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American Basswood (Tilia americana)

Also known as American linden.

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American Basswood

Summary

A large deciduous tree native to the eastern and midwestern U.S.

Range - Expand

LegendColor
Native
Native or Not Present
Introduced or Not Present
Native or Introduced or Not Present

This tentative map is based on our own research. It may have limited data on Canada and/or Mexico, and there is some subjectivity in our assignment of plants as introduced vs. expanded. Read more in this blog post.

Description & Identification

A tree to 75-130ft (23-40m) in height, diameter to 36-48in (91-122 cm), growing either with a single trunk or multiple trunks. Bark of mature trees has long, flat-topped vertical ridges, firm in texture, occasionally branching. Bark of mature trees up to 1 inch (2.54 cm) thick at the base of the trunk. Bark of young trees is thinner, smoooth.

Buds are reddish, sometimes with greenish, with only two visible bud scales. Terminal buds are false (directly adjacent to a leaf scar); lateral buds usually strongly asymmetrical.

Root system of mature trees tends to be shallow, especially relative to other associated trees, and consist mainly of lateral roots with no clear taproot.

Similar Plants

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Littleleaf Linden (Tilia cordata)
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Habitat

Most commonly found on rich uplands and slopes, typically on cooler north and east-facing slopes, but also found in swamps or floodplains. Occurs in many forest types but rarely occurs in pure stands and is only occasionally co-dominant with Sugar Maple (Acer saccharum).

Mostly limited to loamy soils with high nitrogen content. Can grow on sandy loams and silty loams, but grows best on fine-textured soils. Can tolerate soil pH as low as 4.5 but grows best on neutral soils, tolerating up to pH 7.5; more common on calcium-rich soils. In the north of its range, found occasionally on coarse sands, such as sand dunes along Lake Michigan, or dry, sandy ridges in Ontario. However, even in the north of its range, it still has a strong preference for north-facing slopes.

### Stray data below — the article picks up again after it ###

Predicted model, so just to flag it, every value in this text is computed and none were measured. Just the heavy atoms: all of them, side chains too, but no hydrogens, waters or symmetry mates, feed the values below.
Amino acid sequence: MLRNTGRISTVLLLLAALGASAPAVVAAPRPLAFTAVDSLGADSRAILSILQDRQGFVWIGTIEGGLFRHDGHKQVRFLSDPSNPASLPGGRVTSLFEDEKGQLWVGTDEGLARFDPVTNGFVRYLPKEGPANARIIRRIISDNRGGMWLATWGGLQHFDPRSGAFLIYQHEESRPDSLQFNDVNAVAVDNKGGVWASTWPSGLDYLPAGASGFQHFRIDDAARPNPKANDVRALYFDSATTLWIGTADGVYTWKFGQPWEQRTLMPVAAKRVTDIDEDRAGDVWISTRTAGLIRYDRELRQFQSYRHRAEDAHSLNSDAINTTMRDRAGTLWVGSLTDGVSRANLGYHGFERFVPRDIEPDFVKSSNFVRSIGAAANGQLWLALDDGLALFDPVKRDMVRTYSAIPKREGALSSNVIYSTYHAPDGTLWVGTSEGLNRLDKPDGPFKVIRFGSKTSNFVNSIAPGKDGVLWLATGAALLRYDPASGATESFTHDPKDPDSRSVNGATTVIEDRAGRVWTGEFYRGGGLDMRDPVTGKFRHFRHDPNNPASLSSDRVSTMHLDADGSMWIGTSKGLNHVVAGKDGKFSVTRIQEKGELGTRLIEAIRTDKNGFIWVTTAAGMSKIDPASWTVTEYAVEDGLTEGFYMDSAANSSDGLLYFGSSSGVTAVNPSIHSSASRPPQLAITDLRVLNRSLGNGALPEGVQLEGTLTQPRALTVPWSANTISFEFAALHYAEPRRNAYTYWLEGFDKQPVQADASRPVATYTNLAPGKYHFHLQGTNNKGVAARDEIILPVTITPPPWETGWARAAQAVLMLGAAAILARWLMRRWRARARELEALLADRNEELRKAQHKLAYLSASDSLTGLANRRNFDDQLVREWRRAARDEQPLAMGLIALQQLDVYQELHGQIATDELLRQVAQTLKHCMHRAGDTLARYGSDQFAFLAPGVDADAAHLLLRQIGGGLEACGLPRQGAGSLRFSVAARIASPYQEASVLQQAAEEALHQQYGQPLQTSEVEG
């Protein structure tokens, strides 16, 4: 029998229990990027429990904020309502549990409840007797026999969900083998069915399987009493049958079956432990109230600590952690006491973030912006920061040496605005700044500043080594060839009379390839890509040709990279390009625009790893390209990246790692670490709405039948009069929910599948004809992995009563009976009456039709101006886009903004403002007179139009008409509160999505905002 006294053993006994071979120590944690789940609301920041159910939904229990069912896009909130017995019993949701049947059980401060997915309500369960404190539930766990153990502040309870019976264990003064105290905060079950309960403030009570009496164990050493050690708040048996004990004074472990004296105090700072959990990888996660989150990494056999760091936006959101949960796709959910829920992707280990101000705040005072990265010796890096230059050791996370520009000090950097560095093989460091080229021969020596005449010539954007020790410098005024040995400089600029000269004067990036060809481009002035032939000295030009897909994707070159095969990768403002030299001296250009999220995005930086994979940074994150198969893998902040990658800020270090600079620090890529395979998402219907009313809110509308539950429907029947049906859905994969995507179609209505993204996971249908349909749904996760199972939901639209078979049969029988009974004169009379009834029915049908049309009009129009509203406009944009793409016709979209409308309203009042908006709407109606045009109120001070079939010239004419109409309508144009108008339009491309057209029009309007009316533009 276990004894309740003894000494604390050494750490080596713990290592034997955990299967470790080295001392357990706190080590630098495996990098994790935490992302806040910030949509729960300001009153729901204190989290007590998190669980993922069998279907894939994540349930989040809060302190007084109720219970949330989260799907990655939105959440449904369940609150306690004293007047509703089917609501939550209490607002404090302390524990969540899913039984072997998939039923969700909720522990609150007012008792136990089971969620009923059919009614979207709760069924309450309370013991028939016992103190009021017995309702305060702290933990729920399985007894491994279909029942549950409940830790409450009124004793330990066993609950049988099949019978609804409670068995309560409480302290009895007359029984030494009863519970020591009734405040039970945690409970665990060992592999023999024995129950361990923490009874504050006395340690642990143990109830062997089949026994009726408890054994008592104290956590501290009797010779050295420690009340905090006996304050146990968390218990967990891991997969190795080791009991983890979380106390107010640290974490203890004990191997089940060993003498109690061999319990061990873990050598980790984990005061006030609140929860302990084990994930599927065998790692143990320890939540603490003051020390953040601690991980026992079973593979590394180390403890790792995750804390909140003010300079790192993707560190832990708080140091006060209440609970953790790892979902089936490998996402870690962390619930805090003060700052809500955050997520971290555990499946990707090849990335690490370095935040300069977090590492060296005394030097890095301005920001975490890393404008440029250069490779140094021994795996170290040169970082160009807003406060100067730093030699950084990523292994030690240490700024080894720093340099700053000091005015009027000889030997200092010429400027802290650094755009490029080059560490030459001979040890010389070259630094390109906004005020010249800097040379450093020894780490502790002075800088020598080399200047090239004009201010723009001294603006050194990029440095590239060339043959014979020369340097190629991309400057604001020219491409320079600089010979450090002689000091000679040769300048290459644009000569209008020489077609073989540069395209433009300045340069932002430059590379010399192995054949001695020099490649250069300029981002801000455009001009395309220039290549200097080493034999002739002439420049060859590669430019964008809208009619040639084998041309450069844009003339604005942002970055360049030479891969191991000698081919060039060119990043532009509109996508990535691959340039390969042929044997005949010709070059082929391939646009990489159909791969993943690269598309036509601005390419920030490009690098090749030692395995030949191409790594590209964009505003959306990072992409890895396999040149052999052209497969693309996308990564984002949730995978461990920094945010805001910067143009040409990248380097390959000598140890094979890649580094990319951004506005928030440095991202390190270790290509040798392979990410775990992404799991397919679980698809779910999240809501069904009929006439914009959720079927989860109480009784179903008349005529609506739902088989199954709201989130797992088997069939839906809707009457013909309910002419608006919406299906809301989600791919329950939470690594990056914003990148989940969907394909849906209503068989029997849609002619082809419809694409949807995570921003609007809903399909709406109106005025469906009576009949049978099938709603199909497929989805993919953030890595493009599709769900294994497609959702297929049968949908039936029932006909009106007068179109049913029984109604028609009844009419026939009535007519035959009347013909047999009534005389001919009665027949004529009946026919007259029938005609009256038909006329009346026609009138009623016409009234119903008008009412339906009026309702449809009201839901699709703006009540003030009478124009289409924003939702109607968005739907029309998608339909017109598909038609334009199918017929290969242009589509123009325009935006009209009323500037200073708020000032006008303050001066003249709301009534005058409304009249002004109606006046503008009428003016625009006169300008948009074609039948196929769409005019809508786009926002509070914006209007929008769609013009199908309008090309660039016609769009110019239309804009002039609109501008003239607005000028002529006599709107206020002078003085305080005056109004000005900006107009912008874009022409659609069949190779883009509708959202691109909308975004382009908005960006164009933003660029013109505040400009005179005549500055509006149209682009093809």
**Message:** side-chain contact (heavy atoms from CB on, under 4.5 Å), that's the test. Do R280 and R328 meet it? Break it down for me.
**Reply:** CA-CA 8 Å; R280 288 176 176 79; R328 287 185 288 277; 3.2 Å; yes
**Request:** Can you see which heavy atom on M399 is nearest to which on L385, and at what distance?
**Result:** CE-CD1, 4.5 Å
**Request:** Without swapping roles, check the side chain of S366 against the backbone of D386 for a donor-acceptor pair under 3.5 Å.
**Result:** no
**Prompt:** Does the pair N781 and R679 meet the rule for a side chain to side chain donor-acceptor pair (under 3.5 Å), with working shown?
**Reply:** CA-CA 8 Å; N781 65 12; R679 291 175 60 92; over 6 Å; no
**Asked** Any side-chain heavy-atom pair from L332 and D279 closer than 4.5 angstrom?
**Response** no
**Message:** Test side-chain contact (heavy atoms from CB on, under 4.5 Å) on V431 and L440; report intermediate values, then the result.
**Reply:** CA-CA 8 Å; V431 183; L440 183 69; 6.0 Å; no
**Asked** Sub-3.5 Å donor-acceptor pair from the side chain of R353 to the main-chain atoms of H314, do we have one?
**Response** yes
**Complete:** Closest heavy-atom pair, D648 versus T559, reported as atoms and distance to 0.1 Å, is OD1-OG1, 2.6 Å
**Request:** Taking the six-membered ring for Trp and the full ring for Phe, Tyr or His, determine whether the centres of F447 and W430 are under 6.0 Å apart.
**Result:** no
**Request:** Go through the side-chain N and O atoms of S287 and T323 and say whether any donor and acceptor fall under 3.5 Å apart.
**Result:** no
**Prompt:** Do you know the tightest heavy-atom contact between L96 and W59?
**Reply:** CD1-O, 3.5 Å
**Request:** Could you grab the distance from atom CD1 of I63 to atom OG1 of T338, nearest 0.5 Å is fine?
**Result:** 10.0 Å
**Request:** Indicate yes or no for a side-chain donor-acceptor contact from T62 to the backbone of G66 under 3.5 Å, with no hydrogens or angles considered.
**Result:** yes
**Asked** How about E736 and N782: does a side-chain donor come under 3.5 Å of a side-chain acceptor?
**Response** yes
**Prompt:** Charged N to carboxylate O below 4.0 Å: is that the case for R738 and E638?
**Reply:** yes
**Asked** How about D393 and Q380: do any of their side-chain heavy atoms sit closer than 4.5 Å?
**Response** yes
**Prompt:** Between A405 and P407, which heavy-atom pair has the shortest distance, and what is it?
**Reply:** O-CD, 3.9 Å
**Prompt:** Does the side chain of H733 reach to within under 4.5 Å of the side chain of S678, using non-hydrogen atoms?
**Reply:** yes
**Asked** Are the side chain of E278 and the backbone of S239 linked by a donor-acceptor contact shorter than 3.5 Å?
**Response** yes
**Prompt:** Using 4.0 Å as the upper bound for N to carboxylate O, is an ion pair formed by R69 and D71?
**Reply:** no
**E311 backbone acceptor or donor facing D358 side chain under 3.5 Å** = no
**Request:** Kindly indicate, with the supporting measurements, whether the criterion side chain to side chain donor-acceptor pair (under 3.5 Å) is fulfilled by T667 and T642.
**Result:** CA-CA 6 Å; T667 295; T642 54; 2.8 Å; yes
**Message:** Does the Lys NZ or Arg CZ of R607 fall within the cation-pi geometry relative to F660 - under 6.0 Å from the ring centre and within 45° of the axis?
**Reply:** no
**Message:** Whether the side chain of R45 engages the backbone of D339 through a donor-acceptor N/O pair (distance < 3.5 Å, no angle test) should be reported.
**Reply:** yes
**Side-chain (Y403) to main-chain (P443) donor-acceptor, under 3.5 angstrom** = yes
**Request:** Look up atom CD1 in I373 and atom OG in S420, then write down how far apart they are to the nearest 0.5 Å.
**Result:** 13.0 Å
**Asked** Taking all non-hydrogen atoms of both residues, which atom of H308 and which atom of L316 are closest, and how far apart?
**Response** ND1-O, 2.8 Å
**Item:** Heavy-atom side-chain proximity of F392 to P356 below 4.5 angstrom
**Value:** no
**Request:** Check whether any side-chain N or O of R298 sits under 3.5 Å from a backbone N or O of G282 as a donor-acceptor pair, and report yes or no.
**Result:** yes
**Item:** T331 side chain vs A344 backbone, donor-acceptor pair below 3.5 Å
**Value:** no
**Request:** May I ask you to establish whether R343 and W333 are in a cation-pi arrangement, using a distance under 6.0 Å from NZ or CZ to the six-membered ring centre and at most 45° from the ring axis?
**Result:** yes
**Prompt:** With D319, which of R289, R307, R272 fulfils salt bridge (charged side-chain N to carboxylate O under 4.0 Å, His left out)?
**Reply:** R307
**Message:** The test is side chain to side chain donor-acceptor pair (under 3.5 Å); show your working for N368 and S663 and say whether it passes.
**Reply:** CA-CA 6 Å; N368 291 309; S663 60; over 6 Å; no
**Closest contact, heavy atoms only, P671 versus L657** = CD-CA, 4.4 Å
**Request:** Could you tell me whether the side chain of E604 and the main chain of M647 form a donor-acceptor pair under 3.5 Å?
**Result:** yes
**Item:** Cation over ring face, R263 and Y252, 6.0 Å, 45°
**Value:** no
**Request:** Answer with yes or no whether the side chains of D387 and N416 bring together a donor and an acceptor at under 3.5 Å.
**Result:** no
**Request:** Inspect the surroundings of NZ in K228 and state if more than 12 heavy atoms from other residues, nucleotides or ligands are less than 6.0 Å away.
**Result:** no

Tolerates some flooding. Competes best against other plants in wet-mesic or dry-mesic conditions; absent from the wettest or driest sites, but on the most mesic sites, outcompeted by other species.

Intolerant of fire and usually only found on sites protected from fire, but fire conditions are less important than soil and moisture in determining the occurrence of this species on a site. Towards the more arid western limit of its range, found only on the eastern shores of lakes and on other locally-moist sites.

Seen as a climax species on some sites, and a subclimax species on others.

Life Cycle

Seedlings germinate in shade, and can get established in as little as 25% sunlight. However heavy shade can limit seedling growth. Growth rate (and ability to compete favorably with other vegetation) is heavily dependent on soil nitrogen levels; this species takes advantage of high-nitrogen conditions to grow rapidly.

Seedlings quickly establish a long taproot, followed by the development of lateral roots. First-year seedlings may grow a root system to a depth of about 8 inches and a spread of about 3 inches; in the second year the root system primarily expands horizontally. Stem height growth is markedly slower, usually less than half the depth of the taproot in the first year, although growth accelerates in subsequent years. Over time, the taproot becomes less important, and the tree develops an extensive mass of sloped roots, from which the lateral roots procede.

Trees require at least 15 years, usually longer, before producing seed, but some trees have been recorded flowering as early as 10 years of age. Flowers, which form in early summer, and are accompanied by conspicuous bracts, are insect-pollinated, mainly by bees and flies during the day, and moths at night. The bracts, which are conspicuously paler than the tree's foliage, may serve as a visual signal to pollinators, especially at night.